Se ha denunciado esta presentación.
Utilizamos tu perfil de LinkedIn y tus datos de actividad para personalizar los anuncios y mostrarte publicidad más relevante. Puedes cambiar tus preferencias de publicidad en cualquier momento.

Deriving the ideal gas law

984 visualizaciones

Publicado el

Publicado en: Empresariales, Tecnología
  • Sé el primero en comentar

Deriving the ideal gas law

  1. 1. L. Allen Stonington HS Holt Modern Chemistry, Chapter 11
  2. 2.  Equal volumes of gases at the same temperature and pressure contain equal numbers of molecules. Amadeo Avogadro, the ugliest of the dead chemists
  3. 3.  If we can fix, for example, the temperature and pressure at STP, we can then compare how many molecules are present by simply comparing volumes. We find that one mole of any gas – ANY gas – has a volume of 22.41410 liters.
  4. 4. What does this mean? For starters, if we convert any amount of gas at any temperature and pressure to STP using the combined gas law, we can convert the resulting volume to moles using this conversion factor. Image from TutorVista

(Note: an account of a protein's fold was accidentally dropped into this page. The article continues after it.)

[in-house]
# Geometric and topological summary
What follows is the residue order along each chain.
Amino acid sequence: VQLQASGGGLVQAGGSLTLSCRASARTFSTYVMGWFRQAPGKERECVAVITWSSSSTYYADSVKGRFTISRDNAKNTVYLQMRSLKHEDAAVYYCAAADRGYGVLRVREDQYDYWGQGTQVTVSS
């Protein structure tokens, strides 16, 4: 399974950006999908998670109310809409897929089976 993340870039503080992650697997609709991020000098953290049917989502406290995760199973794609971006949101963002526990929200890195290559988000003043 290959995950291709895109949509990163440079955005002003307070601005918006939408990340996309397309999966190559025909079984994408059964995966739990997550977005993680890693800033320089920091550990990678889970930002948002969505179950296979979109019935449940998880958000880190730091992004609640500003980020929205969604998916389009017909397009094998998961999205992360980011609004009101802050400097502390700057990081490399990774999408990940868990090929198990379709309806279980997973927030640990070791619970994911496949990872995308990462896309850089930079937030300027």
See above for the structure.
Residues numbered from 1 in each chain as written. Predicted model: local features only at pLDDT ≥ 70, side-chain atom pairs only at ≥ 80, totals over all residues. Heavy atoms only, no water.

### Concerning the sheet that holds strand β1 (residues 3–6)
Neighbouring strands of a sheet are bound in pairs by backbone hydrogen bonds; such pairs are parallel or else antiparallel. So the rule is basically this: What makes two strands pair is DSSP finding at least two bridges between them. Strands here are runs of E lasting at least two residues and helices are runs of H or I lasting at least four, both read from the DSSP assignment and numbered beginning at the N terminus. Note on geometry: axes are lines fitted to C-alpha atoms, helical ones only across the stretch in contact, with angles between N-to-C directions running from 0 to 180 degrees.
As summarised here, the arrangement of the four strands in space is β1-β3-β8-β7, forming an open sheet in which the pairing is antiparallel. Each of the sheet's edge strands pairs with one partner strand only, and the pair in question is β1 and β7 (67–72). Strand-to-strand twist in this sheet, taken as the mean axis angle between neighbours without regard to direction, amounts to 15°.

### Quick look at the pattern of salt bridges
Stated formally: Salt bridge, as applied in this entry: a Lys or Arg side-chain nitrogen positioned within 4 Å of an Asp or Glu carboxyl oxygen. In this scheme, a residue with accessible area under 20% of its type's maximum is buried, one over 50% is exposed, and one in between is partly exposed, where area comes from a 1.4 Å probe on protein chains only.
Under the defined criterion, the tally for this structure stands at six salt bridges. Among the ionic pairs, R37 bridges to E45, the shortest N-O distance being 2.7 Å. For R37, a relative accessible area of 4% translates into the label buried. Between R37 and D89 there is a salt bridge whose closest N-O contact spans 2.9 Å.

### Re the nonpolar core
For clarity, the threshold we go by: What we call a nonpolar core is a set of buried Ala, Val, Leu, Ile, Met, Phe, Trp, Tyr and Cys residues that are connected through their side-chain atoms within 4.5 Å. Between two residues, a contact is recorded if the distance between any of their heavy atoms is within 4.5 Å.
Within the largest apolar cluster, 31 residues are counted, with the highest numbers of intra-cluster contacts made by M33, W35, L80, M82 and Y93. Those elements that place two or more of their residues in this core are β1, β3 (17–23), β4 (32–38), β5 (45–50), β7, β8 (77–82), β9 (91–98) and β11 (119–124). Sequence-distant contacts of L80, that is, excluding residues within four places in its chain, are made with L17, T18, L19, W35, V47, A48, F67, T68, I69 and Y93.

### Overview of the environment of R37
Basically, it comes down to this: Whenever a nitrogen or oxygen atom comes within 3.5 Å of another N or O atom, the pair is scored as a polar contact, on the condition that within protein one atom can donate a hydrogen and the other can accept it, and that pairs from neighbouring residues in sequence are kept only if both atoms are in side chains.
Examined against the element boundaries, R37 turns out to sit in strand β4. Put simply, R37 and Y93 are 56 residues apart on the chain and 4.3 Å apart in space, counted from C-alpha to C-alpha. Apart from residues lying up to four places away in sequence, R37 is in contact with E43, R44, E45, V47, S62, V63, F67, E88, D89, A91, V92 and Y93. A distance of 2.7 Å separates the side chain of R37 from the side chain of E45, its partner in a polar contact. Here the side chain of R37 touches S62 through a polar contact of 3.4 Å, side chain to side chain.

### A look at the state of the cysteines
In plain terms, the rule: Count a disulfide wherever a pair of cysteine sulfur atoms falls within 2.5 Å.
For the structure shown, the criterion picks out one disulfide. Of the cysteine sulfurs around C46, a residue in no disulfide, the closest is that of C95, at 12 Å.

5. 5. How many moles of gas are present in 46.5 liters of gas at 28 ° C and 2.75 atm of pressure? Strategy? Use the 4-Step method to solve for V2, then use dimensional analysis to convert from liters to moles  4-Step method Write the given Rearrange the equation  Plug in numbers and units  Solve  
  6. 6.       P1 = 2.75 atm V1 = 46.5 L T1 = 28 ° C + 273 = 301 K P2 = 1.00 atm V2 = ? T2 = 273 K 
  7. 7. PLUG IN VALUES WITH LABELS  DOES THIS MAKE SENSE?  Notice, BTW, that the pressure goes down, which will make the volume go up. Also, the temperature is lower at STP; that makes the gas shrink. This is consistent with what we see as we disaggregate the parts of this equation.
  9. 9. Shouldn’t this be easier? If we know that 1 mole = 22.41 L at 273.15K and 1.000 atm, can’t we organize our work so that we don’t have to do this step by step? Can’t we come up with some kind of multiplier, something to include the 22.41, the 1.000 atm, the 273.15 K? Let’s fool around with the math… Random mole from internet, lost url
  10. 10.  
  11. 11.
  12. 12.
  13. 13. Gosh, if I can calculate moles, I can find mass, or number of molecules… wait a sec, isn’t this how the stoichiometry chapter got started?
  14. 14.    End of chapter 11, page 392 #40-52 Do NOT ignore sig figs. We always use one more sig fig in “book values” than in the givens, so that when we round back, we get the right answer. There is actually one correct answer for each question. image